[FieldTrip] Granger causality - parametric and non-parametric calculation

Hähnke, Daniel daniel.haehnke at tum.de
Thu Oct 29 18:25:31 CET 2015

Thank you Jan-Mathijs for your opinion and suggestions! Thanks, Alik for the paper, this looks interesting.

Now that I applied non-parametrically calculated Granger-causality for my data, I have to follow-up questions:

1. During the computation of spectral factorisation, the implementation of Wilson’s algorithm complains that “when performing non-parametric spectral factorisation the frequency axis should ideally be zero-padded”. I guess this means that the frequency axis should start at 0. However, as far as I can see that’s not possible using ft_freqanalysis. The code then goes on and performs the zero-padding. I don’t really understand why exactly it does the padding the way it does: it seems to add other frequencies as well, so that the frequency axis the algorithm is actually working with starts with 0 and is followed by some frequencies that are even higher than the first frequency from the original axis, before the original axis is starts.

So my questions are: Should I be concerned about this warning? Why is the zero-padding of the frequency axis so weird?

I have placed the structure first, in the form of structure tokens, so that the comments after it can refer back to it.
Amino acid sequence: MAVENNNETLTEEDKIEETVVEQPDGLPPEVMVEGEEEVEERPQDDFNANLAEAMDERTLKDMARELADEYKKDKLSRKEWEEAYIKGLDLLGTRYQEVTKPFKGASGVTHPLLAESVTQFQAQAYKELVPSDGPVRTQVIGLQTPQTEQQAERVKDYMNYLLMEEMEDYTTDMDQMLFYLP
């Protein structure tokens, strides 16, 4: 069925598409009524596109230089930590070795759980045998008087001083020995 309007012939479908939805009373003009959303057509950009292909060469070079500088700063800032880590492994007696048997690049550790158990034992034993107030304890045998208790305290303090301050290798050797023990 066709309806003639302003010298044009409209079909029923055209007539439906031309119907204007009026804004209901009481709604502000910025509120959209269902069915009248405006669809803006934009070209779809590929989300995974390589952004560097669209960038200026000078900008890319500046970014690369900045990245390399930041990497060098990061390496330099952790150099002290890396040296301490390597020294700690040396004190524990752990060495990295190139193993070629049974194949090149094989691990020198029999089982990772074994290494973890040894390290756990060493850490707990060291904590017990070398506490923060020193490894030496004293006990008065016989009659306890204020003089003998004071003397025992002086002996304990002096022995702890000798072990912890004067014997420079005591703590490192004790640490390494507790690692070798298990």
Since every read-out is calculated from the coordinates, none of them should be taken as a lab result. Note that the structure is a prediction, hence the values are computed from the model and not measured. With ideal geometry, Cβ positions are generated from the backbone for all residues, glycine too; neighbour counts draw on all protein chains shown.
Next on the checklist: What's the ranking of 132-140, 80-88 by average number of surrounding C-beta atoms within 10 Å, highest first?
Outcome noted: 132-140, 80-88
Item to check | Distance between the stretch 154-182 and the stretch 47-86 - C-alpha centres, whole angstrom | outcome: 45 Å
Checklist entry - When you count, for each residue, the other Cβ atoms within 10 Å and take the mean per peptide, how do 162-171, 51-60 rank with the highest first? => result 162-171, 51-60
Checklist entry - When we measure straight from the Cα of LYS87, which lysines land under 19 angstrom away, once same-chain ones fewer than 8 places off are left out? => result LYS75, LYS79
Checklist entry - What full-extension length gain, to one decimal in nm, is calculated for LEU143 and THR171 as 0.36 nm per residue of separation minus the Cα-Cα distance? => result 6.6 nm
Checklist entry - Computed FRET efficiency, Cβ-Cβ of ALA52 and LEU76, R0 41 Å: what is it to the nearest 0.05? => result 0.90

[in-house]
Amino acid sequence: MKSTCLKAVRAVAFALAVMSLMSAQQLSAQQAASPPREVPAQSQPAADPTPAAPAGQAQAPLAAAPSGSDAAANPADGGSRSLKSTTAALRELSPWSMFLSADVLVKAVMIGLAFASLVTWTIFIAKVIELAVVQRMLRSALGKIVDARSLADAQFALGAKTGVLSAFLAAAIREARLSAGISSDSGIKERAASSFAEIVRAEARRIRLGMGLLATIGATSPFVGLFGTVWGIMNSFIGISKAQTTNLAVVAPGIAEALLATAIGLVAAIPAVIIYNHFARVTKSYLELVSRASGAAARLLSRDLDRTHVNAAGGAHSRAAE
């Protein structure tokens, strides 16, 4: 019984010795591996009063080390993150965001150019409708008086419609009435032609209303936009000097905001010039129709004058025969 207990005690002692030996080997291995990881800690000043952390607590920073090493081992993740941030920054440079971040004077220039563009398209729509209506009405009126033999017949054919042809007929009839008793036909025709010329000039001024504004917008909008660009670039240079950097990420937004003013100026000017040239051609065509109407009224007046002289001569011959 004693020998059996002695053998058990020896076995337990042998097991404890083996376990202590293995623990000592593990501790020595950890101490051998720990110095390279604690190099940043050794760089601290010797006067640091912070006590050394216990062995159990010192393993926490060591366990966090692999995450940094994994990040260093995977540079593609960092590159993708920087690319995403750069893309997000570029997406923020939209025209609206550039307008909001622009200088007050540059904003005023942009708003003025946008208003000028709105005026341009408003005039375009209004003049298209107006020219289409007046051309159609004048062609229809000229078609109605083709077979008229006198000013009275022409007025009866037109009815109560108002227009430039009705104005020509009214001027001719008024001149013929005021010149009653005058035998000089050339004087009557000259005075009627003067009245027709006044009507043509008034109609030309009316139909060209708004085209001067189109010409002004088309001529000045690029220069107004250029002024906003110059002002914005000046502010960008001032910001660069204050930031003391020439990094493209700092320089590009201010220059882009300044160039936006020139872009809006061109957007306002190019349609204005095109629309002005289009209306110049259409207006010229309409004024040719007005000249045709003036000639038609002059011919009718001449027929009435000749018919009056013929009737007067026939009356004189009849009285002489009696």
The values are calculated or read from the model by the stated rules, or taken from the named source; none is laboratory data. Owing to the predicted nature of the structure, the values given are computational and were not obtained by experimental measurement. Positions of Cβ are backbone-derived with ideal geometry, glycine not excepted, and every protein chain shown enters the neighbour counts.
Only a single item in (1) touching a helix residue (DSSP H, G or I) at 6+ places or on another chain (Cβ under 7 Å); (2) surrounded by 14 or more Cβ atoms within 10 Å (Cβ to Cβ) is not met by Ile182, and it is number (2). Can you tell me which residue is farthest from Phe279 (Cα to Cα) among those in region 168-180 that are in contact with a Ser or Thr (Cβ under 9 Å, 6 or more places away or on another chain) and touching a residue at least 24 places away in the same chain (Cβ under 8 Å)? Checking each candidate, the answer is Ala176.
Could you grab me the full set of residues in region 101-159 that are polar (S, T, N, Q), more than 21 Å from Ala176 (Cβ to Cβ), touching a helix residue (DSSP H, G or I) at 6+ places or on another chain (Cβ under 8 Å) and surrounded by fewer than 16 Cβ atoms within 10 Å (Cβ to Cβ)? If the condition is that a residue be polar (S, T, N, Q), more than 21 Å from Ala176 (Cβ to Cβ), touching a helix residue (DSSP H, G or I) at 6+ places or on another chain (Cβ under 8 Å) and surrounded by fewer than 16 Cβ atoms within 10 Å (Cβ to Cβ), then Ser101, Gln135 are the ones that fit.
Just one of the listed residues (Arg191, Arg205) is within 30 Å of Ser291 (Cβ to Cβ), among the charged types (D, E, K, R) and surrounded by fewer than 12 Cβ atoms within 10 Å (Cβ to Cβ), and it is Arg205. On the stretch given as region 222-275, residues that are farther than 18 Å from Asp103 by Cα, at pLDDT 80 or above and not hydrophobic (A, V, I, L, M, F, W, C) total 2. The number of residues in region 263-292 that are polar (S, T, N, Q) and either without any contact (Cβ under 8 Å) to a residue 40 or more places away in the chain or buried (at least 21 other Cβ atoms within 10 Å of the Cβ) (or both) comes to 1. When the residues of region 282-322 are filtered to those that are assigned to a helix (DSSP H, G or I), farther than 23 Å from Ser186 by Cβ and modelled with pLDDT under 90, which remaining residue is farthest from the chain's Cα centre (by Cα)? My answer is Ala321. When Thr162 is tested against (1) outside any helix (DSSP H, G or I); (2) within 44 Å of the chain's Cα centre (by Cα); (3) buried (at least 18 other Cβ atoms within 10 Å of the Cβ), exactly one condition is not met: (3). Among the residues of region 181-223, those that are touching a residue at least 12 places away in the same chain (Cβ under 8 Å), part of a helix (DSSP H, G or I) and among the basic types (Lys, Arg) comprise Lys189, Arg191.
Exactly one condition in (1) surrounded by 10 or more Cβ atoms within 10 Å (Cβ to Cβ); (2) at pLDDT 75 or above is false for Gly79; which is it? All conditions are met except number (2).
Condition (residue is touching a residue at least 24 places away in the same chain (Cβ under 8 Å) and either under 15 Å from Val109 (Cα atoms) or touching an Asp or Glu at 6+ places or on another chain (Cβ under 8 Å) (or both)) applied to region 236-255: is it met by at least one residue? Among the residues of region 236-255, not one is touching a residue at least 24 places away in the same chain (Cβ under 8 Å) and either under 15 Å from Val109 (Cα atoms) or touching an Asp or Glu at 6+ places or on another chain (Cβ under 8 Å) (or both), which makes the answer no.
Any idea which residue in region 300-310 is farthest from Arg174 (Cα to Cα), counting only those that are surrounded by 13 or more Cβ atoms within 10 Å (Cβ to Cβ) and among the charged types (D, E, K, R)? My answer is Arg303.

2. I found that when I apply the GC computation to my data there seems to be some kind of edge artefact at the highest frequencies when I average across combinations that represent the same anatomical direction (see attached plot).
Why do I get this effect and is it related to my first question?



On 29 Oct 2015, at 10:42, Alik Widge <alik.widge at gmail.com<mailto:alik.widge at gmail.com>> wrote:

You may also find this informative:

Disclaimer: I have not personally tried this yet, although it's on our list for a near future.

Alik Widge
alik.widge at gmail.com<mailto:alik.widge at gmail.com>
(206) 866-5435

On Thu, Oct 29, 2015 at 2:49 AM, Schoffelen, J.M. (Jan Mathijs) <jan.schoffelen at donders.ru.nl<mailto:jan.schoffelen at donders.ru.nl>> wrote:
Hi Daniel

> I am currently computing the Granger causality between LFP signals from different brain regions. As it turns out, this is a more challenging endeavour than I had previously thought.

Has anyone said to you it would not be challenging ;o)?

> While testing parametric and non-parametric approaches to computing Granger causality, I came across some behaviour which seems odd to me. I hope someone can shed light on these issues:
> 1. Using the parametric approach (ft_mvaranalysis -> ft_freqanalysis -> ft_connectivityanalysis) I found that ft_freqanalysis can’t deal with MVAR data that contains a trial dimension. The first error is actually that it can’t find the field ‘label’, and this is true: if you run ft_mvaranalysis with cfg.keeptrials = ‘yes’, the resulting structure lacks the ‘label’ field. However, if I manually copy the ‘label’ field from the original data to the MVAR data, ft_freqanalysis stops at some point where it uses an array that lacks one dimension.